Mary Todd Lincoln

Mary Todd Lincoln

In 1986 or 1987, I was doing research for a music composition project while a student at Ball State University. My project was based around the life of President Lincoln, and eventually transformed into the musical, LOVE IS ETERNAL: Mary Todd Lincoln.

In the course of research, I discovered there was a polka commissioned in honor of the First Lady, entitled, The Mary Lincoln Polka.  I set out to find a copy, or recording, and was always told it no longer existed, or by some Lincoln scholars that it never existed, ever.

Around 2002, following a few more requests for verification, I received a Xerox copy of one page from the score!

Twenty-five years later, I have numerous confirmations that there is, indeed, a Mary Lincoln Polka, and many have heard the music.  I sadly, have not.

Jim McCutcheon, guitarist

Jim McCutcheon, guitarist

Once, while visiting a very popular eatery in Kettering, Ohio, The Peasant Stock (now Figlio’s in Towne & Country plaza), a good friend and popular guitarist, Jim McCutcheon, was entertaining the appreciative diners. Jim was graciously taking written requests from the guests, and I scribbled, “Please play ‘The Mary Lincoln Polka.'” I will never forget the hysterical look that came across Jim’s face as he read the note before searching the room for where I was seated.  It will always remain one of my favorite, more milder  pranks!

Here are some recent findings to support the existence of The Mary Lincoln Polka…


On February 5, 1862, there was a major ball at the White House to show off Mary Lincoln’s redecoration of the interior. As part of the night’s festivities, the Marine Band, under the direction of Francis Scala, premiered one of his works, “The Mary Lincoln Polka.” Upstairs, Willie and Tad Lincoln lay feverish with typhoid. Tad survived, but Willie did not. After his death on February 20, Mrs. Lincoln could not bear the thought of the semi-weekly concerts. “It is our especial desire that the Band, does not play in these grounds, this Summer. We expect our wishes to be complied with,” Mrs. Lincoln wrote to Lincoln aide John Hay in late May 1862. After Hay wrote Mary Lincoln asking if the Marine Band could resume its concerts in Lafayette Square, she replied: “It is hard that in this time of our sorrow, we should be thus harassed. The music in Lafayette square, would sound quite as plainly here. For this reason, at least, our feelings should be respected.”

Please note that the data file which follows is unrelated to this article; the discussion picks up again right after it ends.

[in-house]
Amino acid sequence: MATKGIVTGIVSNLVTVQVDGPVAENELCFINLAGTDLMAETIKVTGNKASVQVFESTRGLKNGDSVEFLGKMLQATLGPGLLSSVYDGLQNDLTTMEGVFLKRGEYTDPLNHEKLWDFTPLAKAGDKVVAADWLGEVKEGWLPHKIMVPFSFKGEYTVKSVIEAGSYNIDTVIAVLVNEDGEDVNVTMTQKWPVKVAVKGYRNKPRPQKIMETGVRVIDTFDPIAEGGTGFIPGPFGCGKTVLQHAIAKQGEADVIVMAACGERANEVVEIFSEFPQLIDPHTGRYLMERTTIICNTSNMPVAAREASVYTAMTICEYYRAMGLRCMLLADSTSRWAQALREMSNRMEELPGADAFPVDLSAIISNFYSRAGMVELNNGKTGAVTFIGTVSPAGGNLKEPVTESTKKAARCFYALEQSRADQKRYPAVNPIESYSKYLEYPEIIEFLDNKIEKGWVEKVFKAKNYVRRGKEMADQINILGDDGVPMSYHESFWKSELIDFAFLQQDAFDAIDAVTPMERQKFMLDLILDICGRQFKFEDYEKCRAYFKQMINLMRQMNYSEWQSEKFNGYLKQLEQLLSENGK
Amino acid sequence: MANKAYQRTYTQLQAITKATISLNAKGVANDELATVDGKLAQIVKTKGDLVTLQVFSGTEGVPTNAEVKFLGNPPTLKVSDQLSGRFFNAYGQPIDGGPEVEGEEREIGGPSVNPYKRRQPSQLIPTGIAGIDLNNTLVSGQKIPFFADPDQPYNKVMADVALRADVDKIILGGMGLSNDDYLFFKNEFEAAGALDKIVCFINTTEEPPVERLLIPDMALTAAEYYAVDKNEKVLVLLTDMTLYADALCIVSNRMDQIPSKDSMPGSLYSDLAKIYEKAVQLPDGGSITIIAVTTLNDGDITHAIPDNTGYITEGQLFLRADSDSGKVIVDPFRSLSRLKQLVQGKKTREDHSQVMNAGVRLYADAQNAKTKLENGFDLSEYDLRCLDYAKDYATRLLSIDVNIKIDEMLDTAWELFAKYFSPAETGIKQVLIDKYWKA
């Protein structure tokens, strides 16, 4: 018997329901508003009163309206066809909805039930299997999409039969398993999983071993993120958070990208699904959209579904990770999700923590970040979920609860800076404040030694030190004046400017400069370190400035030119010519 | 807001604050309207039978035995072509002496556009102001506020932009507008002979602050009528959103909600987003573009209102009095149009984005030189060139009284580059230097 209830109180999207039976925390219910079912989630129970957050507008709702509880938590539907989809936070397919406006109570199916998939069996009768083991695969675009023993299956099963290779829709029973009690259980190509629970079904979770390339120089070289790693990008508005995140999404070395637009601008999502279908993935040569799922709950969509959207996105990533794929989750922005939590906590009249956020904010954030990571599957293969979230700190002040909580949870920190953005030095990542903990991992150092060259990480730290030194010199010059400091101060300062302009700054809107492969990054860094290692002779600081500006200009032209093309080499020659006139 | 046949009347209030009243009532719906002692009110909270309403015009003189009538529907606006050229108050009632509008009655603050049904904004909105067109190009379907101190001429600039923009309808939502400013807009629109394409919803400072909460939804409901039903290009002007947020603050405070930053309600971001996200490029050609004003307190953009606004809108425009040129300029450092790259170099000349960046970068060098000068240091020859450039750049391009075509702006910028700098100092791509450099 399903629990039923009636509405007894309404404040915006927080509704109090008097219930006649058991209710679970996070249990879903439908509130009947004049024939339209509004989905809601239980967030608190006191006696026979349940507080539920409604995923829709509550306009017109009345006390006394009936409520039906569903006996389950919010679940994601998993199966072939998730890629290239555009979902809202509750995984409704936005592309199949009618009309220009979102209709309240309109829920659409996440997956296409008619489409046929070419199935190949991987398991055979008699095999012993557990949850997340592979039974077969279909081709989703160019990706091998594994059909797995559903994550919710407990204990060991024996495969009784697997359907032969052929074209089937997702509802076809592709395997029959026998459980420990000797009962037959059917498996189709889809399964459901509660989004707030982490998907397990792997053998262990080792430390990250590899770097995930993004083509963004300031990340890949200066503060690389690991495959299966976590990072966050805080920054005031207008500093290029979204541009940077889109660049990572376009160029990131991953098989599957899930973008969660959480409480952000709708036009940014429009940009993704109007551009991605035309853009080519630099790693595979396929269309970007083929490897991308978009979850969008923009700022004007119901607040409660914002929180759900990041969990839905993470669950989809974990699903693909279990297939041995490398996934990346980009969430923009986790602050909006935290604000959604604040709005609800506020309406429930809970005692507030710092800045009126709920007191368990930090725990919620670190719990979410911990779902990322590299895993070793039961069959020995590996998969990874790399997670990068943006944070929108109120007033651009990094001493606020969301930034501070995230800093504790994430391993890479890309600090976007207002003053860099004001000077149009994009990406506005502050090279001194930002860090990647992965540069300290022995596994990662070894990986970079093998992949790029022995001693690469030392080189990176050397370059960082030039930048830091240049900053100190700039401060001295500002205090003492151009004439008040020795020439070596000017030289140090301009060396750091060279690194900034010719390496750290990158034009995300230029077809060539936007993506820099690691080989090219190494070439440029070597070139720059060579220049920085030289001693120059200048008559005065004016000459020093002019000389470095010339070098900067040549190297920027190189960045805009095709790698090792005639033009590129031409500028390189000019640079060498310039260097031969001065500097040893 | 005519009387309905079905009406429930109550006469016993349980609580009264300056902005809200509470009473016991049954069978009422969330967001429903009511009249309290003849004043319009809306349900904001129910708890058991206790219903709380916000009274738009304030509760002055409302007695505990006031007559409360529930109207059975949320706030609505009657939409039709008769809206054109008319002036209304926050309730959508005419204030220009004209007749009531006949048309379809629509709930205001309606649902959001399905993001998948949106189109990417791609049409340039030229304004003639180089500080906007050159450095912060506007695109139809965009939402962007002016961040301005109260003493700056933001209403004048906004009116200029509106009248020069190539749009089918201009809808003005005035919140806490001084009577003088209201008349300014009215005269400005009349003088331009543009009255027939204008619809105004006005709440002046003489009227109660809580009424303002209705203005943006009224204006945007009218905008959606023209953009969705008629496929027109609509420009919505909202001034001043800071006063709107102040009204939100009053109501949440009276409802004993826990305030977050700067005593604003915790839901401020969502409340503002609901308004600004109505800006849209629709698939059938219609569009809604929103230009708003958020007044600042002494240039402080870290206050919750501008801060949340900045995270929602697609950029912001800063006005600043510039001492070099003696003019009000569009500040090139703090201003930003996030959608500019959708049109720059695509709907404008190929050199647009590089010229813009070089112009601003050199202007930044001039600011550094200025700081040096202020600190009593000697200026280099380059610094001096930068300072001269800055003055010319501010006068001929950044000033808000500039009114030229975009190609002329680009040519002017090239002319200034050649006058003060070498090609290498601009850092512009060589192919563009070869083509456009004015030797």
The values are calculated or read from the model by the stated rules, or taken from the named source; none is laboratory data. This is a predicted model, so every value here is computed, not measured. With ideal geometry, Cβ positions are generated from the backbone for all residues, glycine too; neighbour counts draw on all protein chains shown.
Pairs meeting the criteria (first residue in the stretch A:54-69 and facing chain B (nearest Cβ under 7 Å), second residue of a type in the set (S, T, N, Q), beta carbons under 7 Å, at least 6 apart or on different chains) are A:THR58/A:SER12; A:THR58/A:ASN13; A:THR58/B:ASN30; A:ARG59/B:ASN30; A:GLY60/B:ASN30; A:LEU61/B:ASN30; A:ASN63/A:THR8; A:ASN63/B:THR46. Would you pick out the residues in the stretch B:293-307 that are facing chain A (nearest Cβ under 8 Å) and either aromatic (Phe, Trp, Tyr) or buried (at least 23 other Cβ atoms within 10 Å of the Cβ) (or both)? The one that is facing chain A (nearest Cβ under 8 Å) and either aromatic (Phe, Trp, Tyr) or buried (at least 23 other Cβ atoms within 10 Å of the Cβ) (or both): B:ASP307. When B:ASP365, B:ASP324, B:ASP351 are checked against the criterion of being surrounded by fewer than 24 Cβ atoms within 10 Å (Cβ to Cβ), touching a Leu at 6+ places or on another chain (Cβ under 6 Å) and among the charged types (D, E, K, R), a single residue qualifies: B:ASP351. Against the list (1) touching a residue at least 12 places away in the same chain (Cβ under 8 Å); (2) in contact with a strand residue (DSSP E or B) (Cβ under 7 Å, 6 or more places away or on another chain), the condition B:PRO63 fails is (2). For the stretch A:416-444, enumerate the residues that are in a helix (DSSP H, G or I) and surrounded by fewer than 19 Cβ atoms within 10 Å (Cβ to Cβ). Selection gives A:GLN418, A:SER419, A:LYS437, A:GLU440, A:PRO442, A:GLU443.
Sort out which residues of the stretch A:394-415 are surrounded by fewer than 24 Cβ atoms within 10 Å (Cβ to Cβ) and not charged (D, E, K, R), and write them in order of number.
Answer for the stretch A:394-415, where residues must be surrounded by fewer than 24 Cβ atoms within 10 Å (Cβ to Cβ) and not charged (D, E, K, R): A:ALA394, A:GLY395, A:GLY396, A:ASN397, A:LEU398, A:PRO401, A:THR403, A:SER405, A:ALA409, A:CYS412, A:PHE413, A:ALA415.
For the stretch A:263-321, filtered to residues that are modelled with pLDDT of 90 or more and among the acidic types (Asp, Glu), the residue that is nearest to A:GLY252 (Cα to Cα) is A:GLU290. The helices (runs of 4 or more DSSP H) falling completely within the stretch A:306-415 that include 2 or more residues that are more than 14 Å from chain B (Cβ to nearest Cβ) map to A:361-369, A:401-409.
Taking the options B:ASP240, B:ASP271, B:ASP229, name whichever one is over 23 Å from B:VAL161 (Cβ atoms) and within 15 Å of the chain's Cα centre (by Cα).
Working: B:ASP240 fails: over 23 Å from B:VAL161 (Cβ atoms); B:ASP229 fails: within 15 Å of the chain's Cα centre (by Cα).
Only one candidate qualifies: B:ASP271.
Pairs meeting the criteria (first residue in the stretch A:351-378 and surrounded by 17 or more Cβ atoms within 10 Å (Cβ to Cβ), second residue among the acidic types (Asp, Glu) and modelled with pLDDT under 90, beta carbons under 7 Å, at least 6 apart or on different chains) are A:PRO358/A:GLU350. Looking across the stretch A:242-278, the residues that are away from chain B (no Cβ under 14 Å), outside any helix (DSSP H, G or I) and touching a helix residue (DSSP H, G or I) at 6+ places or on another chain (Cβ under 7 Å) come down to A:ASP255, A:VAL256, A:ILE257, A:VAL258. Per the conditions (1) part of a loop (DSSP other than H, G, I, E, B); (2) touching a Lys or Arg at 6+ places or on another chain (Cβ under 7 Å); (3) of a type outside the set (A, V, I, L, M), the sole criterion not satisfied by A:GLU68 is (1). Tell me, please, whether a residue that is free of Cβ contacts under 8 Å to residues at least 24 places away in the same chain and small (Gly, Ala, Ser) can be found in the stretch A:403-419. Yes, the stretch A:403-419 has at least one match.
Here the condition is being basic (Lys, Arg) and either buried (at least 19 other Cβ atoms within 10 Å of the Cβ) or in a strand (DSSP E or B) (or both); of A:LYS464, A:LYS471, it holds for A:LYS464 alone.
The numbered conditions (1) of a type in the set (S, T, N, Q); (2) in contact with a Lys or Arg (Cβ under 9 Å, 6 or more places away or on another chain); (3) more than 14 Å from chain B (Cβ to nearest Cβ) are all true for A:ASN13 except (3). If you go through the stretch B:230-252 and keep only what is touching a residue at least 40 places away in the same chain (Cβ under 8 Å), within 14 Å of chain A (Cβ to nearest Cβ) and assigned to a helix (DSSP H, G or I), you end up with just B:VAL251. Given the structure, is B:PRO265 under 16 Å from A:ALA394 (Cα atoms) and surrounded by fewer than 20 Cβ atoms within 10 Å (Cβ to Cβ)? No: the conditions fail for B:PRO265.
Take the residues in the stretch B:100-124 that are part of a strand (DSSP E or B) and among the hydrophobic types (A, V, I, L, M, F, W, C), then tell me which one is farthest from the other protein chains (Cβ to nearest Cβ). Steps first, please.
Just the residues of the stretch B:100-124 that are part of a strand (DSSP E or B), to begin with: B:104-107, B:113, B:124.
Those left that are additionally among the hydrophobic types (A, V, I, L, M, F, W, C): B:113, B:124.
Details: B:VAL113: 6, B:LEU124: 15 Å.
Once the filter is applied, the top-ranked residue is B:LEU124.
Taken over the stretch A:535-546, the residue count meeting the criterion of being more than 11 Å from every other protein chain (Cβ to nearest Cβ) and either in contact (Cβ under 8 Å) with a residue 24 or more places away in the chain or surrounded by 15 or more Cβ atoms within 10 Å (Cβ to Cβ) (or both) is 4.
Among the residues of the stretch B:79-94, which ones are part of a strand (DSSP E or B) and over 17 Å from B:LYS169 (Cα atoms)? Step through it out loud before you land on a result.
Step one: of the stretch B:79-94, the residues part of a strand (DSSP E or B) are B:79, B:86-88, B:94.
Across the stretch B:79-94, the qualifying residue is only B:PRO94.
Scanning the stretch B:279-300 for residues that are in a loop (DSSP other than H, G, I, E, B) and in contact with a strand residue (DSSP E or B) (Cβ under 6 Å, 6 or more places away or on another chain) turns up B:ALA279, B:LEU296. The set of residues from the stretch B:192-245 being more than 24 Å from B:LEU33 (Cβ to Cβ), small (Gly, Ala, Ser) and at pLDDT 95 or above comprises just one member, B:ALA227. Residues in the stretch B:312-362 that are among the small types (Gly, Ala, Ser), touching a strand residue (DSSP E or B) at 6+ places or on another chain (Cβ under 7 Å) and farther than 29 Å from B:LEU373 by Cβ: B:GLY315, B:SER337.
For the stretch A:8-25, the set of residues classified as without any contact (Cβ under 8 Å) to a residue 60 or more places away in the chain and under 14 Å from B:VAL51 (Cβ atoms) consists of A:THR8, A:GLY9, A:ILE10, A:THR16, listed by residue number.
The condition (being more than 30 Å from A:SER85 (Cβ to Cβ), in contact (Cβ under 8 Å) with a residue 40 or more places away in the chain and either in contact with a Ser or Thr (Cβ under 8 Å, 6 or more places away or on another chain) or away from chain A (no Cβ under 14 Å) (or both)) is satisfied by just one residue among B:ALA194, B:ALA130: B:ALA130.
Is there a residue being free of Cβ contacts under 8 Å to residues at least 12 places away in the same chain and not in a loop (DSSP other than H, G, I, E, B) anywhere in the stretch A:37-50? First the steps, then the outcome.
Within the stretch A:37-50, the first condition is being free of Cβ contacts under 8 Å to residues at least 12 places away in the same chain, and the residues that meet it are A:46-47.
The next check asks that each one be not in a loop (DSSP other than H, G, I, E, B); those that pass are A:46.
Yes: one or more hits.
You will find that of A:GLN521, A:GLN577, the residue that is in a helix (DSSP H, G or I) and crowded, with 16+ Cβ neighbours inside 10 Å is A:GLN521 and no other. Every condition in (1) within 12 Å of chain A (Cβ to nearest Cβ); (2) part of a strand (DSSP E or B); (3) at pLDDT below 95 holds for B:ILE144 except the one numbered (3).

The Marine Band concerts were moved that summer. In August 1862, Stoddard wrote: “The Saturday evening musical promenades are held in the Capitol, instead of the White House grounds, this summer, and the Marine Band discourses sweet music to gay and wandering crowds; but the striking features are changed.

Transcript from the PBS documentary, ABRAHAM & MARY LINCOLN: A HOUSE DIVIDED:

Narrator: On the evening of February 5, 1862 Mary Lincoln organized a glittering reception in the East Room. Her lavish renovation would at last be on display while the Marine Band entertained with music specially composed for the occasion “the Mary Lincoln Polka.”  

Linda Levitt Turner, Biographer: Mary Lincoln’s Grand Gala Levee was plotted for months and months and months. And it was such a grand party that it was the kind that people invented an excuse to be out of town if they weren’t invited. On the table were models out of spun sugar of Fort Pickens and another one of the Ship of State and then over here was the terrapin and over there was the turkey and there was the ham and there were the shrimps and there were the oysters.

Narrator: Mary herself appeared in a white satin dress with a neckline so low that her admiring husband asked her if some of what he called its “tail” shouldn’t be sewn to the top. She had hoped that this splendid evening would finally make her not only the “First Lady” of the land — but the Queen of Washington Society, as well.

Doris Kearns Goodwin, Historian: The reception had glittering men and women, fine dining. It was the moment of triumph that Mary had so yearned to find. This would be her crowning glory.

Narrator: The festivities went on ’til three in the morning. One newspaper called the ball “a brilliant success”: “Primarily we must remark the exquisite taste with which the White House has been refitted under Mrs. L’s directions… Mrs. L. possesses as rare a beauty as the Empress of the French.”

But Mary and the President spent much of that evening upstairs in 11-year-old Willy Lincoln’s bedroom. Their son was ill with what the doctors called “bilious fever” — typhoid.

During the days and nights that followed, Mary never left Willy’s side. As she nursed him, some newspapers savaged her for having entertained so lavishly in the midst of war. “Disgraceful frivolity, hilarity, and gluttony,” said one.

Another charged that the evening had been worthy of “a woman whose sympathies are with slavery and with those who are waging war.”

All the while, her son grew weaker. At five in the afternoon on February 20, Willy Lincoln died.